Grouse Moor Management

See Supplementary Information – Grouse Moor Management

 

Key Issues:

Objectives

  • To provide a mosaic of different ages of heather and other vegetation to provide food, nesting areas and shelter for grouse.  This can also benefit a range of other moorland species.

Style of Burning

  • Low severity (“cool”) fires burnt over moist soils with a range of fire intensities depending on fuels, slope and wind.
  • Narrow headfires creating strips with widths of 30-50m.  Backing, flanking and other ignition patterns can also be used to control fire intensity and reduce the risk of escapes.
  • Strip fires can run for several hundred metres.

Frequency

  • The period between management will be determined by the rate of growth of the heather.  Burning should not take place until the heather is 20-30cm tall.  In the most productive situations this will take at least 8 years, but it may take much longer in other areas.
  • The rate of growth will be influenced by factors such as altitude, fertility of the soil and the amount of grazing, and burning frequency should be adjusted accordingly.

Risks:

  • Heather fires can have high fire intensity with a fast rate of spread, and they react quickly to changes in wind direction or wind speed.
  • Fire intensities can be generated that are beyond the capacity of on-site fire control equipment.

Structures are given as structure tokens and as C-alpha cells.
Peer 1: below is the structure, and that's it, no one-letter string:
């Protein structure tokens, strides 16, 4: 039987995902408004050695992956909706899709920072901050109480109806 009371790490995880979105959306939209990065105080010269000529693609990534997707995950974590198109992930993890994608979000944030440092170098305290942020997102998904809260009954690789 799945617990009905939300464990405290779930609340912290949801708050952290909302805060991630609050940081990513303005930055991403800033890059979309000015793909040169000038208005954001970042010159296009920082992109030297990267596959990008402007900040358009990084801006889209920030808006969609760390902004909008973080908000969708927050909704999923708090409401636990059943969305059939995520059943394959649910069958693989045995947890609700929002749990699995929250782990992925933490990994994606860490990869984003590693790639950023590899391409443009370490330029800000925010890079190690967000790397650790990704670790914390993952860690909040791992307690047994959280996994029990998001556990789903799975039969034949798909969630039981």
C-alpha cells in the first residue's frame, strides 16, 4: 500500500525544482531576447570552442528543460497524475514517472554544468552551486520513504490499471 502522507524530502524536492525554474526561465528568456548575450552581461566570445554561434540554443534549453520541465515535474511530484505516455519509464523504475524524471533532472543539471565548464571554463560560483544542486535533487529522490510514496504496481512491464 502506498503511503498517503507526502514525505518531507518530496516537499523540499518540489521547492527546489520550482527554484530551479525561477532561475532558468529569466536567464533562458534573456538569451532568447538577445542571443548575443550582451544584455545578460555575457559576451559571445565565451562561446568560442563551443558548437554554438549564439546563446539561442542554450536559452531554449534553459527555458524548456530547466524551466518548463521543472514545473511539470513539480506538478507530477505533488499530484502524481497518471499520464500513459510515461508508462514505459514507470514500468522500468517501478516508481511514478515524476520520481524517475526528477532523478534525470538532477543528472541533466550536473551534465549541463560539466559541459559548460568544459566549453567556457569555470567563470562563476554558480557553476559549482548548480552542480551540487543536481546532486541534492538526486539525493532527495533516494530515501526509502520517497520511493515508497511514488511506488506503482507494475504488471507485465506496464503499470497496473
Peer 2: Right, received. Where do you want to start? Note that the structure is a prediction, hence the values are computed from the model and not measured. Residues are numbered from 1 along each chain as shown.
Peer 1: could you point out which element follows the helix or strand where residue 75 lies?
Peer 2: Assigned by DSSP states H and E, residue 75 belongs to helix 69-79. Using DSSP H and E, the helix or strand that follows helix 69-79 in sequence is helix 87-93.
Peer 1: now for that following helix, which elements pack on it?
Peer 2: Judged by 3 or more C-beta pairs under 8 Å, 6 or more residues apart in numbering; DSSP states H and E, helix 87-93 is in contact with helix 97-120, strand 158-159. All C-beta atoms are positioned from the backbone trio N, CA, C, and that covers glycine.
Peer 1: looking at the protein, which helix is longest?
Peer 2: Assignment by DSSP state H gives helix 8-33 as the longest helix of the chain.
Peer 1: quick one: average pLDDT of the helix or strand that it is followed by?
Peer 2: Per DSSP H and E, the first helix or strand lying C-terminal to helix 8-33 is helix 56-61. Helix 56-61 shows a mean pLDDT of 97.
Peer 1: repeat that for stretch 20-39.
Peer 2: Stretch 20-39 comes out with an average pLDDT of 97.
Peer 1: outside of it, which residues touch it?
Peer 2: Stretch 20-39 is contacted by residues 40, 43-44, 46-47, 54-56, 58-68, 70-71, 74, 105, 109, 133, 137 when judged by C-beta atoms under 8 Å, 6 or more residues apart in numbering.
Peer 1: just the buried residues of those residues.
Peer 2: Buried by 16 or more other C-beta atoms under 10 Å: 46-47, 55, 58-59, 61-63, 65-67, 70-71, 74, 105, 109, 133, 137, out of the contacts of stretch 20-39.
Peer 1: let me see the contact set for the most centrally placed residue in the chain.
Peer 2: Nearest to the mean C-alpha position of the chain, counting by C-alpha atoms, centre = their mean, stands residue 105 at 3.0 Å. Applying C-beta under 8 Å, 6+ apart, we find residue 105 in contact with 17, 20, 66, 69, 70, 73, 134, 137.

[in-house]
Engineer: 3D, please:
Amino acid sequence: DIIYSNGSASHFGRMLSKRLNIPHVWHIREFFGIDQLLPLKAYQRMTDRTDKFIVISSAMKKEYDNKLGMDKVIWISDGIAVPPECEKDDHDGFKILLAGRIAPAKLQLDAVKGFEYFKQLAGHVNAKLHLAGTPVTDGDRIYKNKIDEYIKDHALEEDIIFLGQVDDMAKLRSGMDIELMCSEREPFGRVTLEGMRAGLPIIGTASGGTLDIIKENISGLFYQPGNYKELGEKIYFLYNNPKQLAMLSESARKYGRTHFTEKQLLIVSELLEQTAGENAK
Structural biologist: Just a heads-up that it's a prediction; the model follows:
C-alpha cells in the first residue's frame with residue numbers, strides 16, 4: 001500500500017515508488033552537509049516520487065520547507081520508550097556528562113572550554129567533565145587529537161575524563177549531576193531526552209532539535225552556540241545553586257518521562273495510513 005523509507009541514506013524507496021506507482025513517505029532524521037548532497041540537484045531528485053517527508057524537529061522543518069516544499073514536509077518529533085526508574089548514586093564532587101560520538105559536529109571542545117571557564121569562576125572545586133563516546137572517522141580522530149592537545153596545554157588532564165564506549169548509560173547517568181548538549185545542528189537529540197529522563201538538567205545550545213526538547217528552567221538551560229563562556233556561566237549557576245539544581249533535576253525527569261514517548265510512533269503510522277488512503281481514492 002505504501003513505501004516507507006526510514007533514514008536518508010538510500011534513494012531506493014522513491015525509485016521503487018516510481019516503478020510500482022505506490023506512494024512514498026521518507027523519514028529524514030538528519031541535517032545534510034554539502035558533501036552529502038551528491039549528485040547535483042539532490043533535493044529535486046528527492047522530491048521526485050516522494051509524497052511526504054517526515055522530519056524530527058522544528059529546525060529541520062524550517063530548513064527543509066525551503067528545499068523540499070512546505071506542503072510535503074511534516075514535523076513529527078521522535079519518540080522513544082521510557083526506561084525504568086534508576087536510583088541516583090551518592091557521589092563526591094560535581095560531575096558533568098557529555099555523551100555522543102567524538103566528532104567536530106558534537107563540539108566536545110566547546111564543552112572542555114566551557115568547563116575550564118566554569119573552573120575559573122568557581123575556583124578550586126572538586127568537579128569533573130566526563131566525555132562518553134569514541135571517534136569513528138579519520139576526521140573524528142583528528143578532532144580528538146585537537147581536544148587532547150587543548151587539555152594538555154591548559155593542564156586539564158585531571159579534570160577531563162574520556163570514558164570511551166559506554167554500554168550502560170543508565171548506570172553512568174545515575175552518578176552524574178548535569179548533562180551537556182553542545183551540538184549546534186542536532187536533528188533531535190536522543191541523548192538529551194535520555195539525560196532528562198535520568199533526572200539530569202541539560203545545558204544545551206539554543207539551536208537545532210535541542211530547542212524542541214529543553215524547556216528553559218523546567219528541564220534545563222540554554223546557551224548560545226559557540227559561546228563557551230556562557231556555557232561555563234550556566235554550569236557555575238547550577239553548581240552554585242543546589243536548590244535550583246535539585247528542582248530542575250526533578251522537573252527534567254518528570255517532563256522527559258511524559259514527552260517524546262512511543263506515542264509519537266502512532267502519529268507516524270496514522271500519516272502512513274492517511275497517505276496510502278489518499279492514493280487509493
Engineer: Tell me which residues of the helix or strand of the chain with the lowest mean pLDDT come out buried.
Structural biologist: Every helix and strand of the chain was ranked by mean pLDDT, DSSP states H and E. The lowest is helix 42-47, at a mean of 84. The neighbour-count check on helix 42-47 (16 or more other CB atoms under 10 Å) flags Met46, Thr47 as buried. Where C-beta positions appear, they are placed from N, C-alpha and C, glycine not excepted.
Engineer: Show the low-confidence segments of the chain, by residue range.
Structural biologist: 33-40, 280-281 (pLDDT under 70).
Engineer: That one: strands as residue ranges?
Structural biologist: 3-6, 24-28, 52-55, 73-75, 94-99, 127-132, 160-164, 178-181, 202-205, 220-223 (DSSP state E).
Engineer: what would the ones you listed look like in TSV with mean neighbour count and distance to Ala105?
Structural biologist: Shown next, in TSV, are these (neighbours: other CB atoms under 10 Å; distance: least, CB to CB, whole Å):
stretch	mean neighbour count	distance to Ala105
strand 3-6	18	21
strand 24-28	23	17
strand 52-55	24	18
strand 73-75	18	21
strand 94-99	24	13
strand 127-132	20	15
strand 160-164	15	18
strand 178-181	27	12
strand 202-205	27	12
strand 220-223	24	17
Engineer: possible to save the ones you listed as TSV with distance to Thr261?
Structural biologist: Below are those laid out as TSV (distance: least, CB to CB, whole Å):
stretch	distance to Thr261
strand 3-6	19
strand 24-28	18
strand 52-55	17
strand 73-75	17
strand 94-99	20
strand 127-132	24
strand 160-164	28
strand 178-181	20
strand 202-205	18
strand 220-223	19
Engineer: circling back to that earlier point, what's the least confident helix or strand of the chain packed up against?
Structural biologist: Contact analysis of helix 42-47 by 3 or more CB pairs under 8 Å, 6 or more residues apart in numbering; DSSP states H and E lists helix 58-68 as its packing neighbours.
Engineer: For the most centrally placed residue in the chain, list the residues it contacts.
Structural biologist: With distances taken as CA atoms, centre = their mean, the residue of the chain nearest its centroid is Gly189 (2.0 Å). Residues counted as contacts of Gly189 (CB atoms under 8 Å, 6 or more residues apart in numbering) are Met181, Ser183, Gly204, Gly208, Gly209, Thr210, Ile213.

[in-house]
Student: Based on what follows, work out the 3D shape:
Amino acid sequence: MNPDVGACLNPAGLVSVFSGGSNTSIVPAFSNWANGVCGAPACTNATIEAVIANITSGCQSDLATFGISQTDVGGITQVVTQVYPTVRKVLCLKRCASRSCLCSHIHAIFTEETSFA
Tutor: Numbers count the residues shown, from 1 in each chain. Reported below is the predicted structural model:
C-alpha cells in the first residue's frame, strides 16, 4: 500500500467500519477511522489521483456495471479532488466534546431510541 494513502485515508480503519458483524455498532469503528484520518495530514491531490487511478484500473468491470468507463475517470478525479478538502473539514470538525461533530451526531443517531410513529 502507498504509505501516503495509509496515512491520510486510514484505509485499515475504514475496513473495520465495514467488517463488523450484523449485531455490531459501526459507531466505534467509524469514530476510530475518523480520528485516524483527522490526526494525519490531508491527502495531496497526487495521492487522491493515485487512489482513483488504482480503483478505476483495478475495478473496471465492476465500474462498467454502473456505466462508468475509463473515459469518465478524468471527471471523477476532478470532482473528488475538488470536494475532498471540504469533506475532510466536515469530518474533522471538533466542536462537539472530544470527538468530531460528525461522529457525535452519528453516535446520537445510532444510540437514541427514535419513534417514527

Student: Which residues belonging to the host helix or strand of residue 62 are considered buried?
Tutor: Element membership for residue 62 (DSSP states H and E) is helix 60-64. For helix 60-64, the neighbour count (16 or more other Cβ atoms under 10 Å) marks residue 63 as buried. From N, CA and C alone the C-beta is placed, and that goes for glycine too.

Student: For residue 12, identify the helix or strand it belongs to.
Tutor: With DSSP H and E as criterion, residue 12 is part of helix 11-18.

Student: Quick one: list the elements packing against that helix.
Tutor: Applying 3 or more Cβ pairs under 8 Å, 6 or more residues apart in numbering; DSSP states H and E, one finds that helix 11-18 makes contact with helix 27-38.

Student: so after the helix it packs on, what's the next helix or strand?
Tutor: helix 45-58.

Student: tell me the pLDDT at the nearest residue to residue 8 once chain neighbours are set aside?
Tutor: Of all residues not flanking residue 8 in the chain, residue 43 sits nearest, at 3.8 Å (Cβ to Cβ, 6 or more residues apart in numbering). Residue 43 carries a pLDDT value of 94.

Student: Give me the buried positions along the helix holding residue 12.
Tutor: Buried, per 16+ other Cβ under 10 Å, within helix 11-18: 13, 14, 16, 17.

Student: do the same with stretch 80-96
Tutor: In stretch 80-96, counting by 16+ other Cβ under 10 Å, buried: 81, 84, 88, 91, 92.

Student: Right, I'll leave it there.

• Heather fires can breach firebreaks through heat transfer or creeping through short vegetation.
  • Low levels of fuel moisture can lead to significant increases in the rate of spread and fire intensity.
    • Heather is a fine fuel with dead litter and elevated dead leaves, which can dry out quickly in the sun or with low levels of humidity.
    • The live fuel moisture can also drop rapidly following frosts.
  • Burning with inadequate firebreaks, staff or equipment or under the wrong conditions creates a significant risk of fires escaping to become wildfires.
  • Burning too frequently can lead to dominance of grasses.
  • Burning small fires may result in a “honeypot effect” causing local overgrazing and poaching.

Benefits:

  • The burning or cutting of vegetation to increase structural diversity for grouse can provide benefits for other plant, bird and animal species on the moor.